On Oct. 9, University of Chicago professor Richard Thaler won the 2017 Nobel Memorial Prize for Economic Sciences.
The popular field of behavioral finance is where Thaler has spent his career. One of his many contributions to economics has been the revelation that individual investors are human and that popular economic models have to take that into account.
Behavior finance observes and predicts how individuals behave and make decisions under real-life circumstances. Emotions, irrationality and biases influence every decision that a person makes.
This information is certainly not new to experienced investment advisors. The majority of time spent providing investment advice to clients is spent outside of the investment management discipline.
Older clients are often times the hardest to work with. Many still believe that the classic economic theories they learned in college can be applied to their investment management decisions. Pioneers like Thaler have helped me bring these fallacies to the attention of my individual company 401(k) retirement plan investment advice clients.
Think for a moment about all the choices that individuals in a company 401(k) retirement plan are ill-equipped to make during their careers. How much do I contribute, what do I buy, when do I sell, and how much income am I going to need in retirement?
Investment advisors are uniquely positioned to help their individual investor clients in all investment areas outside their company 401(k) retirement plan account. I would argue that, in this day and age, the investment advice relationship should include a client’s retirement plan account.
Most investment advisors wait their entire careers for the life-changing 401(k) plan rollover. That is Sears, Roebuck & Co. thinking in an Amazon world. Put a plan in place to advise your best clients on their company 401(k) retirement plan accounts while they are still working.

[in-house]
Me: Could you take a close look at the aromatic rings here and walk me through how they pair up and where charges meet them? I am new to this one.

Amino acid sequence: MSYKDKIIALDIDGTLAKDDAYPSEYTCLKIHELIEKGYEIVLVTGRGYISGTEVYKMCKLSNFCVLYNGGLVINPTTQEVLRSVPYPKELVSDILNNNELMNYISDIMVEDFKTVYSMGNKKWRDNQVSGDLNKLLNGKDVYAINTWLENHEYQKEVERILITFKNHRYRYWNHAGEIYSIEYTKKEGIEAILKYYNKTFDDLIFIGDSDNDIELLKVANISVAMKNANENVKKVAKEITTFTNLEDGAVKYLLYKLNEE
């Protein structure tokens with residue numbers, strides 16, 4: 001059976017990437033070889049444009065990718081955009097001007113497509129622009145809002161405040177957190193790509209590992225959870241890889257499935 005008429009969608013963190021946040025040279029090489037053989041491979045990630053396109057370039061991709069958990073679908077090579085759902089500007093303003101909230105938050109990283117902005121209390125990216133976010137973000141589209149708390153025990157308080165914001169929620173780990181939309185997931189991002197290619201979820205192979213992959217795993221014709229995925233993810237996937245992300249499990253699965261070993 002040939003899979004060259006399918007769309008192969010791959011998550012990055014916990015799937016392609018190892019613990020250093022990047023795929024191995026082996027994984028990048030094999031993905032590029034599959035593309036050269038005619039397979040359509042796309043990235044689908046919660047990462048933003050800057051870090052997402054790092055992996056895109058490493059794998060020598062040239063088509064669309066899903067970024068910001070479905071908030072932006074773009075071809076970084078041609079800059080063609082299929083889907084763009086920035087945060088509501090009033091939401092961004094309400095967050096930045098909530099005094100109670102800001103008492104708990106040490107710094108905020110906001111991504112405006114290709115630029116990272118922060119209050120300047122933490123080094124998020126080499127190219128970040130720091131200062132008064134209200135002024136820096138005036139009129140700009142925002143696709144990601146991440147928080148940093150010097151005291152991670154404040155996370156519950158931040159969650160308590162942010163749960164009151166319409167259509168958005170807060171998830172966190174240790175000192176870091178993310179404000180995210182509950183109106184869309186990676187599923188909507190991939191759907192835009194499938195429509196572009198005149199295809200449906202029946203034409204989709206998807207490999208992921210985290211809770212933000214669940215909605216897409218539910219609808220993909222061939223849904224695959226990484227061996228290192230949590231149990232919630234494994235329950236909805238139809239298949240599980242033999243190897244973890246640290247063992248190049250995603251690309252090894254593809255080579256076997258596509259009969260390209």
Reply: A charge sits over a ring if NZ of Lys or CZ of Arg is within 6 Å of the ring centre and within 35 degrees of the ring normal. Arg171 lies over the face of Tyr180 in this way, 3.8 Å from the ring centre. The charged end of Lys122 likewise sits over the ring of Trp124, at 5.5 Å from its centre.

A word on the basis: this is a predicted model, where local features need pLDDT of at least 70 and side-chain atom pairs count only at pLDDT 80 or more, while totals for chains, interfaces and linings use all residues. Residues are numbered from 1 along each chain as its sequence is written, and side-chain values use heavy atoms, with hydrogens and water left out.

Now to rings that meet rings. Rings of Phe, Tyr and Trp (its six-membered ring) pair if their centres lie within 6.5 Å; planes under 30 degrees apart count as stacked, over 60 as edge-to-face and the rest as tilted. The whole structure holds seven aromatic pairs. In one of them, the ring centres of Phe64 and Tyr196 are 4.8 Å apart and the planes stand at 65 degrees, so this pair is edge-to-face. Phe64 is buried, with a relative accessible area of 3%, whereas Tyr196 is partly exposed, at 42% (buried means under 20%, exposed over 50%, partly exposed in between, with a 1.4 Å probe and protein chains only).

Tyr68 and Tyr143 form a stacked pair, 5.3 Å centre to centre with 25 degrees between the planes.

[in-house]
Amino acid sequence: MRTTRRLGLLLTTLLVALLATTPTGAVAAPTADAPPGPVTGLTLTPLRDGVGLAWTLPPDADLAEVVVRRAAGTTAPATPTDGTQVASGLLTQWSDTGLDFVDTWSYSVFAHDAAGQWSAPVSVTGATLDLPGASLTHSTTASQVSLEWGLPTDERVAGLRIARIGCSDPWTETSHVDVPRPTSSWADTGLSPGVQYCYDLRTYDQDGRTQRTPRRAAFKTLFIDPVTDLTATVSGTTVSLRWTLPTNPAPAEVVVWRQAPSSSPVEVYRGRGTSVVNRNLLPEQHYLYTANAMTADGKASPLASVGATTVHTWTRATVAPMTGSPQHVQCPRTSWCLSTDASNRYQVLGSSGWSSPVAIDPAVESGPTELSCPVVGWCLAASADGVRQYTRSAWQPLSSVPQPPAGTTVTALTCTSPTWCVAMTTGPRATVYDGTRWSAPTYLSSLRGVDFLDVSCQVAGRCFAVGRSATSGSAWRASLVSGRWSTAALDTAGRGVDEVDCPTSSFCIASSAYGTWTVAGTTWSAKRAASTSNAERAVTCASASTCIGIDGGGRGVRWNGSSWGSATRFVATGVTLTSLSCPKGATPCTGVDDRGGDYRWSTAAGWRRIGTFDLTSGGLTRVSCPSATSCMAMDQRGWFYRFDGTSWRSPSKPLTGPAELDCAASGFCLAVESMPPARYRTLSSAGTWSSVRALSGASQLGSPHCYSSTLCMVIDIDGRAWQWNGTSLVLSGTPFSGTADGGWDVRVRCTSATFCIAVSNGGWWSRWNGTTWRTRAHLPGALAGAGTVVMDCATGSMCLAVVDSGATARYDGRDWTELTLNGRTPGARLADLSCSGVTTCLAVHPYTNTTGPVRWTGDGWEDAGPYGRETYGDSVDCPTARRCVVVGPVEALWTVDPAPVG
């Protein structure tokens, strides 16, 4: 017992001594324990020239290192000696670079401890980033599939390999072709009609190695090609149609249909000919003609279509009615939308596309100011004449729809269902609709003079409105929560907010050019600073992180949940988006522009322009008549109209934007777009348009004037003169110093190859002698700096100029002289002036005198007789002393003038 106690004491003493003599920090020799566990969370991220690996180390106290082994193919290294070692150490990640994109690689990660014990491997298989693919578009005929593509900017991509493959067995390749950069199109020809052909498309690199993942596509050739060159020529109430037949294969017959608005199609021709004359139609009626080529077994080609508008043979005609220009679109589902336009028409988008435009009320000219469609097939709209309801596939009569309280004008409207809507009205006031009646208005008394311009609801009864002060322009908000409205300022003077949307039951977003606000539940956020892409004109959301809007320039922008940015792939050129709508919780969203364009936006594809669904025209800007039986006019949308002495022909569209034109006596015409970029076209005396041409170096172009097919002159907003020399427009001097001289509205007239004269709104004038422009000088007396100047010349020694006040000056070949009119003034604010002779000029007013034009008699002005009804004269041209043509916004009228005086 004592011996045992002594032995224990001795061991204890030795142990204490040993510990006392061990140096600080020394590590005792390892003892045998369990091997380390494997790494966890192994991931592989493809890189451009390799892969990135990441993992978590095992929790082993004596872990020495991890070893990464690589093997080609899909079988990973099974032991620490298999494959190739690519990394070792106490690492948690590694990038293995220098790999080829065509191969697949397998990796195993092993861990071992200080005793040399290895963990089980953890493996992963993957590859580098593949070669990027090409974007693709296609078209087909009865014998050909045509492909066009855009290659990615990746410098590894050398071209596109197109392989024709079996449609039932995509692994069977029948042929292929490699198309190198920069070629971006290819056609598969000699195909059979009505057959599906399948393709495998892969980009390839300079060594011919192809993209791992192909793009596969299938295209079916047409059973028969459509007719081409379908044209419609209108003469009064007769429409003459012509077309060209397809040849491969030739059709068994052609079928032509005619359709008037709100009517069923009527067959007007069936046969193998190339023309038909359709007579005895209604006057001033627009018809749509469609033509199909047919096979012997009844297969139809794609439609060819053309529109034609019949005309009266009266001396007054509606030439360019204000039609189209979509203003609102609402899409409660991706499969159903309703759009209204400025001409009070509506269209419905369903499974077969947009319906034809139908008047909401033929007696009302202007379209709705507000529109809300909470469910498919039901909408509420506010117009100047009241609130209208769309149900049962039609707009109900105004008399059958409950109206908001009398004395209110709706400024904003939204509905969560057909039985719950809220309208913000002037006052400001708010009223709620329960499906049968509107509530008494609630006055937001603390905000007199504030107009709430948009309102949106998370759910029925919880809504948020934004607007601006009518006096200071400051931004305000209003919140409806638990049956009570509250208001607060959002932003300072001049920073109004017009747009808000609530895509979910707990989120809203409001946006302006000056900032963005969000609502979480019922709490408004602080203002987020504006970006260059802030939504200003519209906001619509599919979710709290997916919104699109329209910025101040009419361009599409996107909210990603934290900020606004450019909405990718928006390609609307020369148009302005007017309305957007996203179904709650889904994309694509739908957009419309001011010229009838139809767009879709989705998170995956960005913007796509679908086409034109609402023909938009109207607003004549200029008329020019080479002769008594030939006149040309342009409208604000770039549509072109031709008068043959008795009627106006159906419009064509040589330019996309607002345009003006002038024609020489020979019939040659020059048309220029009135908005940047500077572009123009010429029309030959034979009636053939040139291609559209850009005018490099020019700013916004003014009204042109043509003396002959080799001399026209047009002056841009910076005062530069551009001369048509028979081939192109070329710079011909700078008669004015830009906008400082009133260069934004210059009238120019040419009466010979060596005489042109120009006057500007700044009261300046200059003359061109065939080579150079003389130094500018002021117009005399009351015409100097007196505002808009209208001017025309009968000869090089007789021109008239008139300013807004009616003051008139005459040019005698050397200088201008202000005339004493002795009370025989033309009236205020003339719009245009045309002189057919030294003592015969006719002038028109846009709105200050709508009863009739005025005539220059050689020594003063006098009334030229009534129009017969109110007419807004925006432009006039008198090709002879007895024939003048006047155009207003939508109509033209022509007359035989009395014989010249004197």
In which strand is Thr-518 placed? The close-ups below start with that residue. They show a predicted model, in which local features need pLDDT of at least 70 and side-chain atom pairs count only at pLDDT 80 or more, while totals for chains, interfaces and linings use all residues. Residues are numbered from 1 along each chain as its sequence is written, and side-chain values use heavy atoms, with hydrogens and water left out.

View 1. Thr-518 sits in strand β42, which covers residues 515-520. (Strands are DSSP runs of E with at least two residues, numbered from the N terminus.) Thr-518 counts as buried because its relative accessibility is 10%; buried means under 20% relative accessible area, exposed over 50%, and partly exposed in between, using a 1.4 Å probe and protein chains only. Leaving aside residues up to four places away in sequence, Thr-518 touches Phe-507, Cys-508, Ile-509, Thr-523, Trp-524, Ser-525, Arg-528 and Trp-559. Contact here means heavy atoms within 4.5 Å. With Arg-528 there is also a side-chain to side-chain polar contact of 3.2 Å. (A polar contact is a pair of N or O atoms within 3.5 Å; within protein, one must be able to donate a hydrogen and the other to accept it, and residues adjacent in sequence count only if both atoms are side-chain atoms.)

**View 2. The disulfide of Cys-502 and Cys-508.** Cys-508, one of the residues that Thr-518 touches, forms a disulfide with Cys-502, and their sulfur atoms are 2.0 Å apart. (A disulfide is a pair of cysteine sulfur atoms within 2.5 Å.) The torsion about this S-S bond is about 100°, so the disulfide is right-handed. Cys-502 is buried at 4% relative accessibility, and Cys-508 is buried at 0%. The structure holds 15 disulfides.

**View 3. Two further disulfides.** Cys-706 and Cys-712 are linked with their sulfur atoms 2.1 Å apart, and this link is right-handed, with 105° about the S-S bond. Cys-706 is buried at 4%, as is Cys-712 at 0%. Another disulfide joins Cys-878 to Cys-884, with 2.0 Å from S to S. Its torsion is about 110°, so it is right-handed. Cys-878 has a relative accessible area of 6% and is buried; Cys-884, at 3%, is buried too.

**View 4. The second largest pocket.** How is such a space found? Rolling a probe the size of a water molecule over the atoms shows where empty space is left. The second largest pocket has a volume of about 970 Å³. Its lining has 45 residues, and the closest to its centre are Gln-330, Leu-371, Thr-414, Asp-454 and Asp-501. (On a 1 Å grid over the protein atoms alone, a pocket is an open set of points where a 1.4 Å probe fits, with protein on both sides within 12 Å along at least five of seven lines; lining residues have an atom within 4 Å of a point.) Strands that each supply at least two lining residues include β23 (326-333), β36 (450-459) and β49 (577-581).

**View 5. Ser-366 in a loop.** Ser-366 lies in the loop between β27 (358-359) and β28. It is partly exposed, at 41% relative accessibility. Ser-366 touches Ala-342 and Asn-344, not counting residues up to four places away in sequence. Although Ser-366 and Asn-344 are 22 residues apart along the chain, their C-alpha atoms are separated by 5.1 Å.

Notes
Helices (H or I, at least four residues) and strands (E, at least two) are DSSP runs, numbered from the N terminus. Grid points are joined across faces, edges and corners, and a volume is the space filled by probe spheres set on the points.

In 2008, Thaler co-authored the book “Nudge: Improving Decisions About Health, Wealth and Happiness” along with Harvard Law School Professor Cass Sunstein.
According to the book, a nudge is a choice “that alters people’s behavior in a predictable way without forbidding any options or significantly changing their economic incentives.”
Nudges make it easier to do the right thing. It also makes it harder to make another stupid, illogical, emotional, uninformed human investment management mistake.
Your best clients own expensive company 401(k) mutual fund options that continually lag the annual investment performance of their benchmarks. An investment advisor would not be caught with those same mutual funds in a client’s non-retirement plan accounts. Why are they tolerated in the same client’s 401(k)?
Worse, expensive and underperforming mutual fund choices have costs. Every individual company 401(k) retirement plan participant has “made money” over the last few years. How much more company 401(k) retirement plan money would they have now if their mutual fund choices were improved?
The analysis and answer to that question will form the basis of the expansion of your investment advisory relationship to include your best client’s company 401(k) retirement plan account management.
There is an investment advice niche opportunity for investment advisors to bring behavioral finance concepts that Richard Thaler developed to the attention of their best clients. What would happen if you used the concept of a nudge in regards to your best client’s company 401(k) retirement plan accounts?
How would this group react if you asked them for a copy of their default company 401(k) retirement plan menu of options along with their most recent quarterly statement? I will guarantee you that you will be surprised by the reaction when you ask.
Individual 401(k) plan participants don’t pay attention to their accounts. They don’t read current information on their mutual fund options. And they don’t have any rhyme or reason why they own the mutual funds they chose.
Worse, every few years their existing mutual fund choices are “mapped over” to completely new mutual fund options. Most individual company 401(k) retirement plan participants can’t name the current mutual funds they own.
Normal human beings don’t know how to make logical, disciplined and organized investment management decisions regarding their largest retirement asset, their 401(k) plan account. Fortunately, you can help.
Investment advisors need to remind their best clients of that fact. The headlines surrounding Thaler’s Nobel Prize announcement this week are a good time for that conversation.